Click above for a 700 x 700 pixel version
A computer rendering made from a 3D model of Michelangelo's David. The model
was built by scanning the statue using a laser triangulation rangefinder and
assembling the resulting range images to form a seamless polygon mesh. The
mesh contains 8 million polygons, each about 2.0 mm in size. The raw data from
which the mesh was built contains 2 billion polygons, representing range
samples spaced 0.25 mm apart on the statue surface. Although we also digitized
the statue's color, the veining and reflectance shown here are artificial. The
rendering includes simulated subsurface scattering, but with arbitrary
parameters. Thanks to Henrik Wann Jensen for computing this image.
Proc. SIGGRAPH 2000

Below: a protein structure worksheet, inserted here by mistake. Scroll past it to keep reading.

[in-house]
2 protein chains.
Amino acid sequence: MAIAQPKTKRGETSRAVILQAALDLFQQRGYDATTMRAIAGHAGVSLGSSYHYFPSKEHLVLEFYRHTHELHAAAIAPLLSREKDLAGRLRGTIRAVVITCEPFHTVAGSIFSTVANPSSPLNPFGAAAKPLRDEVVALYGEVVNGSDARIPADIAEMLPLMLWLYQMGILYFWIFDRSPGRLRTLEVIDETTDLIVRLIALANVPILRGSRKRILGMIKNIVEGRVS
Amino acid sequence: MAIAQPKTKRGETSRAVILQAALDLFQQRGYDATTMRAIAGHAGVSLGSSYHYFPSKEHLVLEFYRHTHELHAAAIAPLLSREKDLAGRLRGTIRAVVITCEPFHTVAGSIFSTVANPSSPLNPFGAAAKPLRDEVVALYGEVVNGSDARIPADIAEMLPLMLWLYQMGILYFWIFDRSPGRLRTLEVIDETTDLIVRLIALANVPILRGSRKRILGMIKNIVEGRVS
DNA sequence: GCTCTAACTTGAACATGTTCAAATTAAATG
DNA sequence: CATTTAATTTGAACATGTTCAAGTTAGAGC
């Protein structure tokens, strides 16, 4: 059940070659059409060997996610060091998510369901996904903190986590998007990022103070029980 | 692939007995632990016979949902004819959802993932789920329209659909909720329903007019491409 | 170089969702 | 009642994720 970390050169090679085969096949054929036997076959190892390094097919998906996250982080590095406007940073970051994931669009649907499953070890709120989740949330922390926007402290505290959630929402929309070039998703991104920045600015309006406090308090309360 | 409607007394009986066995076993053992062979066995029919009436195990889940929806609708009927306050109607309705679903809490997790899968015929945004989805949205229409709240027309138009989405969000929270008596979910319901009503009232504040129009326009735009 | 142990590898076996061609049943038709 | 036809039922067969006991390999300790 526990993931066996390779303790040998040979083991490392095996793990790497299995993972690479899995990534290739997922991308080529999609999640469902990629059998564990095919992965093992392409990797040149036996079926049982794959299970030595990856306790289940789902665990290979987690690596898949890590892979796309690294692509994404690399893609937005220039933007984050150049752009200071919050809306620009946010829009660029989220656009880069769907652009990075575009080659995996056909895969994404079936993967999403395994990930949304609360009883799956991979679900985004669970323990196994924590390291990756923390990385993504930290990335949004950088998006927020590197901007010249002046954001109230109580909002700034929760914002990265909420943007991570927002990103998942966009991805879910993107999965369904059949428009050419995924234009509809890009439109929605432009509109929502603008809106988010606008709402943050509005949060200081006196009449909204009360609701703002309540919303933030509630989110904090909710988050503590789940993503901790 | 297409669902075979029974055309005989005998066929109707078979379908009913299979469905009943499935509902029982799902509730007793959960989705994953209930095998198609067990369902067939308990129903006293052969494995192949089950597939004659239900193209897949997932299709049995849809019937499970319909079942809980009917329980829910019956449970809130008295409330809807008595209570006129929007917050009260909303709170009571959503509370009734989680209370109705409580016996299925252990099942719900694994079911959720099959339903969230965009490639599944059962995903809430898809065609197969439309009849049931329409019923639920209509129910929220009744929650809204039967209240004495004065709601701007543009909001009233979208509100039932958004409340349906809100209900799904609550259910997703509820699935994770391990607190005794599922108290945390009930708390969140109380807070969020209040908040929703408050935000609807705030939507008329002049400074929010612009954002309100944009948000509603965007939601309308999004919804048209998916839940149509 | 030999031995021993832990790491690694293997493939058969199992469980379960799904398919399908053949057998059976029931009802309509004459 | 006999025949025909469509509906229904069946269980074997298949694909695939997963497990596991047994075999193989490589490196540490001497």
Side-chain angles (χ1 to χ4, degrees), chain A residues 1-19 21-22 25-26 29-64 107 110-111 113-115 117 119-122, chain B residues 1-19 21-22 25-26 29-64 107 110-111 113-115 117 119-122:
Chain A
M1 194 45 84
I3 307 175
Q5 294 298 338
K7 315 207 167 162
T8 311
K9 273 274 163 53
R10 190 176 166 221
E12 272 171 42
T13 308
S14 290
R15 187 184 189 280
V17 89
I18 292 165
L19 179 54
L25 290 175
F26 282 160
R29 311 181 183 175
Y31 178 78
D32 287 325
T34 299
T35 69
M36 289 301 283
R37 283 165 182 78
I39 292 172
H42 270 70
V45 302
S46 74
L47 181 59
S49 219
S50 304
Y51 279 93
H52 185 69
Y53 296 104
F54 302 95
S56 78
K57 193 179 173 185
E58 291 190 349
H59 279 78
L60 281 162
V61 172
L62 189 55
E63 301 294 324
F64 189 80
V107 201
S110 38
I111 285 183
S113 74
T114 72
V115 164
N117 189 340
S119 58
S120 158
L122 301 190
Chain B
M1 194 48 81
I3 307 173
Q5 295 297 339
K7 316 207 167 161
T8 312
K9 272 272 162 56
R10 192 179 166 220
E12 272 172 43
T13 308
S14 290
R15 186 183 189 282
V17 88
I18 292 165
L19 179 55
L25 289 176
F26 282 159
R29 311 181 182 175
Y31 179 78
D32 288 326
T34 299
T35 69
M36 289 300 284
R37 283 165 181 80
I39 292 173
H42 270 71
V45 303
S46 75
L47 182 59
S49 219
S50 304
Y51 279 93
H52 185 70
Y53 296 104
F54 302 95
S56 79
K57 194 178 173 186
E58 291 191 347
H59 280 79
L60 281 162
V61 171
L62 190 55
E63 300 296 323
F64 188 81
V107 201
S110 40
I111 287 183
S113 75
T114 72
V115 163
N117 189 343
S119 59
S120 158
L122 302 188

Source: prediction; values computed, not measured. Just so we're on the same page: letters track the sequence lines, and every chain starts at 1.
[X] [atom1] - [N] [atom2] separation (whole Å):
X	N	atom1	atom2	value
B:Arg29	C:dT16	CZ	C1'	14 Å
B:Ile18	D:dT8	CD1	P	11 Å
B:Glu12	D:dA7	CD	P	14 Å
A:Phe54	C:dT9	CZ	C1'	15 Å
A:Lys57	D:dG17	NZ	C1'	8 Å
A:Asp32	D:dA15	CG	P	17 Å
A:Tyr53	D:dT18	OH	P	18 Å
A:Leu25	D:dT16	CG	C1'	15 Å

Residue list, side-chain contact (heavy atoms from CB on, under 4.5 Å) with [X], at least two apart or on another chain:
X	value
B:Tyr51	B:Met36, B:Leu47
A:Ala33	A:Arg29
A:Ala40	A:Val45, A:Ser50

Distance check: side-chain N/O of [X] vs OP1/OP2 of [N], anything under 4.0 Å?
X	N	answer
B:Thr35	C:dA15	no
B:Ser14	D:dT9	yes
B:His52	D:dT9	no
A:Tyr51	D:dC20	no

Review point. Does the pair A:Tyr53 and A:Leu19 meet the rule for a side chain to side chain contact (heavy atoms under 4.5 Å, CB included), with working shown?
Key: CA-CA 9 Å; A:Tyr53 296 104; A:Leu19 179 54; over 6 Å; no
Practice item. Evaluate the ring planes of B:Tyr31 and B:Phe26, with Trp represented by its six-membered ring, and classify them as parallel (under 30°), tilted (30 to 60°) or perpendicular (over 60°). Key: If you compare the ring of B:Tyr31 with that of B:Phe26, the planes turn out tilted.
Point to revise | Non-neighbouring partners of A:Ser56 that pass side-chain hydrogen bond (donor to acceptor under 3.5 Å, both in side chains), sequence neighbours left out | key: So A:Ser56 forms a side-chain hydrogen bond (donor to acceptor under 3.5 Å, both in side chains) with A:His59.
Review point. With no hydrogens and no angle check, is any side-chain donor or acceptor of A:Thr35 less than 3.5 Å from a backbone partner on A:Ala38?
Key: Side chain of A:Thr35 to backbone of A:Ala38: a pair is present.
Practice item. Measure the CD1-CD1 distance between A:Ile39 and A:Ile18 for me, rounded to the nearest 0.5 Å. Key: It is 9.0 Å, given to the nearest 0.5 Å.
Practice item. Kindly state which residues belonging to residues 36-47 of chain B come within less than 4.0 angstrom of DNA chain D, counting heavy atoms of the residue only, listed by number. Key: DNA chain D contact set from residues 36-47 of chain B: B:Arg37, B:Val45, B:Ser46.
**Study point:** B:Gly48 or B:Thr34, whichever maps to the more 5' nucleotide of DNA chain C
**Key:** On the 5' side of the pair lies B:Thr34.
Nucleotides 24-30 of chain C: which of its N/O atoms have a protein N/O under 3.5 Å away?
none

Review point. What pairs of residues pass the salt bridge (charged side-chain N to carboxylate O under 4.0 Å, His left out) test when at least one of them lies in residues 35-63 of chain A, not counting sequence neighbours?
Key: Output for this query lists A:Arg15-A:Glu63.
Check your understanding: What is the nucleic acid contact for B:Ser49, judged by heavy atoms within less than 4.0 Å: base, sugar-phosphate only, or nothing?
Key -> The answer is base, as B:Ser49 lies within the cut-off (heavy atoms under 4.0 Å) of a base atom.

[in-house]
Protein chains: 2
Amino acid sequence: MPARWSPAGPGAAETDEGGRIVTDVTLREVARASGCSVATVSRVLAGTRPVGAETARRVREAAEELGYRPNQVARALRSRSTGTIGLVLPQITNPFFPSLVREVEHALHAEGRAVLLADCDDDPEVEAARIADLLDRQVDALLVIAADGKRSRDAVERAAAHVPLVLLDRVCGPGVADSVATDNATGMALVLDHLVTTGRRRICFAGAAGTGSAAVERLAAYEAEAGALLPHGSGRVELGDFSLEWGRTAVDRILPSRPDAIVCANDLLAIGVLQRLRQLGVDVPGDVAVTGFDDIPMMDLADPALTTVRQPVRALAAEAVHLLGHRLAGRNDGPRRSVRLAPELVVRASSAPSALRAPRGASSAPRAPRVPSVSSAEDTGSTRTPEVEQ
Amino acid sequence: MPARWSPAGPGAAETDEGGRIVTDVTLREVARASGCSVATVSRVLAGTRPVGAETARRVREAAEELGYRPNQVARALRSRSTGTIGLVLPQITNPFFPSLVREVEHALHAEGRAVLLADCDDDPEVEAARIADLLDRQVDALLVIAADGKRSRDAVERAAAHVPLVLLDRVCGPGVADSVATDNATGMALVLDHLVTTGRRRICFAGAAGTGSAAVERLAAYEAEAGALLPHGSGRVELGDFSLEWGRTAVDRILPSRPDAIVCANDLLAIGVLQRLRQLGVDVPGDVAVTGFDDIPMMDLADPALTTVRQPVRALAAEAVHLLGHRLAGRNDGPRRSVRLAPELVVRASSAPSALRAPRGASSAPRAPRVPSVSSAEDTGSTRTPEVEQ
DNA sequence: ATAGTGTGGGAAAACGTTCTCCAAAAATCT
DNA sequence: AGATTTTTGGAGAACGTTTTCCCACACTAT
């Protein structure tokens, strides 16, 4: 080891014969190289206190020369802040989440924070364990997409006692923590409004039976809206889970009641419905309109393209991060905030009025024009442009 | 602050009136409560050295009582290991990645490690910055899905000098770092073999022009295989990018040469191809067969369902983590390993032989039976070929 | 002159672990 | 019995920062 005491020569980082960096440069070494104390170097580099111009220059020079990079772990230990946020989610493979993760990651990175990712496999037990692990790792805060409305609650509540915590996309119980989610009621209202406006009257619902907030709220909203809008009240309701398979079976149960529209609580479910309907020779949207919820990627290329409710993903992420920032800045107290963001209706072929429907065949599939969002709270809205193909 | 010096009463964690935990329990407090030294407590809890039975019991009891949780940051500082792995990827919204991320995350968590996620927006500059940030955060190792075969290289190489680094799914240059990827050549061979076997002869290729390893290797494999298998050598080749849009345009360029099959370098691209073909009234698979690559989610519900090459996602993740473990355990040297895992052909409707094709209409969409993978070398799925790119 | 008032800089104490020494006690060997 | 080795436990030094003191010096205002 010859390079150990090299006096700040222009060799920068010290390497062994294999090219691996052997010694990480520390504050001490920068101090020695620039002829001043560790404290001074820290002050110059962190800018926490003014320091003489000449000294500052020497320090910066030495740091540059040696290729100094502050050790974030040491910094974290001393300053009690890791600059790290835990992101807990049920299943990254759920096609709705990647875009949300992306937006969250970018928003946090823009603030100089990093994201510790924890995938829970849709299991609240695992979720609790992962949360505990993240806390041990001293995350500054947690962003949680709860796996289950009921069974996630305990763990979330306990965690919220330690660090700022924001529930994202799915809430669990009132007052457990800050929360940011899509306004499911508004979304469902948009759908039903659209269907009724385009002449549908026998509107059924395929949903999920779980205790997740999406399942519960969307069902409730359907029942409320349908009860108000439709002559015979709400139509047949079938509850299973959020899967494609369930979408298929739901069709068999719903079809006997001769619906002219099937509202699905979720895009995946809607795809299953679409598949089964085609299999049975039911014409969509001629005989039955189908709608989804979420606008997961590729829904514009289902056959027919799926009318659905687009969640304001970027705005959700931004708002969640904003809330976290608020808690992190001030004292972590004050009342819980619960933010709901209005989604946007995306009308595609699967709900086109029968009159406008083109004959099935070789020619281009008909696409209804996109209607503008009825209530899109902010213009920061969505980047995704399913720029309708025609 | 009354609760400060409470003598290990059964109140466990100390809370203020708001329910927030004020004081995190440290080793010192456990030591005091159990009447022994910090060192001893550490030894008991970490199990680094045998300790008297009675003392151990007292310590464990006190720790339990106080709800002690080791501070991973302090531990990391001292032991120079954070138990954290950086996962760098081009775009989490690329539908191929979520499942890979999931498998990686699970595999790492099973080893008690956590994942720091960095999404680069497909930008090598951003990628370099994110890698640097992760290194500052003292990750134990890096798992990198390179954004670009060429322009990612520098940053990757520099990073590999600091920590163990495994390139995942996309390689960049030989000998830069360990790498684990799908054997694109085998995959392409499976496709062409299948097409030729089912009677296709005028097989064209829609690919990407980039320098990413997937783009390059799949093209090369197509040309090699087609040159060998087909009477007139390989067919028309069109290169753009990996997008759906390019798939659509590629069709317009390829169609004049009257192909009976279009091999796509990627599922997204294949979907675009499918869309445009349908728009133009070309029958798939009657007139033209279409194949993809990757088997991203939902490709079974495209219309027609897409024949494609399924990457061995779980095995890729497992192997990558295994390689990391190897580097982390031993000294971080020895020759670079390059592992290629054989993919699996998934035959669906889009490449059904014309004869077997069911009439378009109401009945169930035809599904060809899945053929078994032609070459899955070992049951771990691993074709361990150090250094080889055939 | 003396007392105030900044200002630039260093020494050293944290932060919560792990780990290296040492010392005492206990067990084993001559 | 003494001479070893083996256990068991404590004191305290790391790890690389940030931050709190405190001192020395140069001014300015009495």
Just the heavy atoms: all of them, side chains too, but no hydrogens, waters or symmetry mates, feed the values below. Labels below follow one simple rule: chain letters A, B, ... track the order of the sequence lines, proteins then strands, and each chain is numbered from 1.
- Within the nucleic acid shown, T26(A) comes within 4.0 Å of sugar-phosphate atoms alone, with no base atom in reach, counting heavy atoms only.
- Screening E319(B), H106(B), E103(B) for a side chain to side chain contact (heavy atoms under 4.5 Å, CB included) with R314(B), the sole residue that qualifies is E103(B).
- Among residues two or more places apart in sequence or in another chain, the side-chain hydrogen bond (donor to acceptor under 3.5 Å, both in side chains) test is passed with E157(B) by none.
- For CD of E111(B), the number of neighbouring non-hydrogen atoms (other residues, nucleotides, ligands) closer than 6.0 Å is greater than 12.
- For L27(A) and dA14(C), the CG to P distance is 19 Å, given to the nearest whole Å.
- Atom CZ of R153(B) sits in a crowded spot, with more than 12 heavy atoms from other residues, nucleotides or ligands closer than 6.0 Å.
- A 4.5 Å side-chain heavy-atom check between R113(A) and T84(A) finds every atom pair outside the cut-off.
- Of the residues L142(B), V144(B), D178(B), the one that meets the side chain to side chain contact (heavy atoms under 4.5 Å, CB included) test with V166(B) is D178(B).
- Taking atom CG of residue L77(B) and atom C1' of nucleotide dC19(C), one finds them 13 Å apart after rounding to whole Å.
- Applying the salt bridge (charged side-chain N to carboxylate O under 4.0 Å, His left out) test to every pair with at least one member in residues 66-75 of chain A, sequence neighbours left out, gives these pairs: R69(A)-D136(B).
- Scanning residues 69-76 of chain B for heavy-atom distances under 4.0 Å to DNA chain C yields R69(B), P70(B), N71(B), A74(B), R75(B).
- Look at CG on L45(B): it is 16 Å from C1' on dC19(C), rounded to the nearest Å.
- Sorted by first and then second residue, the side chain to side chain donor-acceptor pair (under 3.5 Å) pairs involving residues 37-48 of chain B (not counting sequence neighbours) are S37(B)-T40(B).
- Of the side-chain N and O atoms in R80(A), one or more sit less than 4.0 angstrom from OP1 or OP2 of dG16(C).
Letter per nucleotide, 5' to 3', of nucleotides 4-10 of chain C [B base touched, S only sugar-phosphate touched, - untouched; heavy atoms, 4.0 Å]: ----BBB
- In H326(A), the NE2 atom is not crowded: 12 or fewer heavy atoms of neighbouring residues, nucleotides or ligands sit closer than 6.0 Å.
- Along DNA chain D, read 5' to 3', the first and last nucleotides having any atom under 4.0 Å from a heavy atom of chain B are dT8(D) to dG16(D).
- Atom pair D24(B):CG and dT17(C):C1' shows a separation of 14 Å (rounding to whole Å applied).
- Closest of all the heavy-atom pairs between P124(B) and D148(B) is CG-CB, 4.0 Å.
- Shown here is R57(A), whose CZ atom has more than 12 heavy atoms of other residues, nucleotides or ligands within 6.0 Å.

We describe a hardware and software system for digitizing the shape and color of large fragile objects under non-laboratory conditions. Our system employs laser triangulation rangefinders, laser time-of-flight rangefinders, digital still cameras, and a suite of software for acquiring, aligning, merging, and viewing scanned data. As a demonstration of this system, we digitized 10 statues by Michelangelo, including the well-known figure of David, two building interiors, and all 1,163 extant fragments of the Forma Urbis Romae, a giant marble map of ancient Rome. Our largest single dataset is of the David - 2 billion polygons and 7,000 color images. In this paper, we discuss the challenges we faced in building this system, the solutions we employed, and the lessons we learned. We focus in particular on the unusual design of our laser triangulation scanner and on the algorithms and software we developed for handling very large scanned models.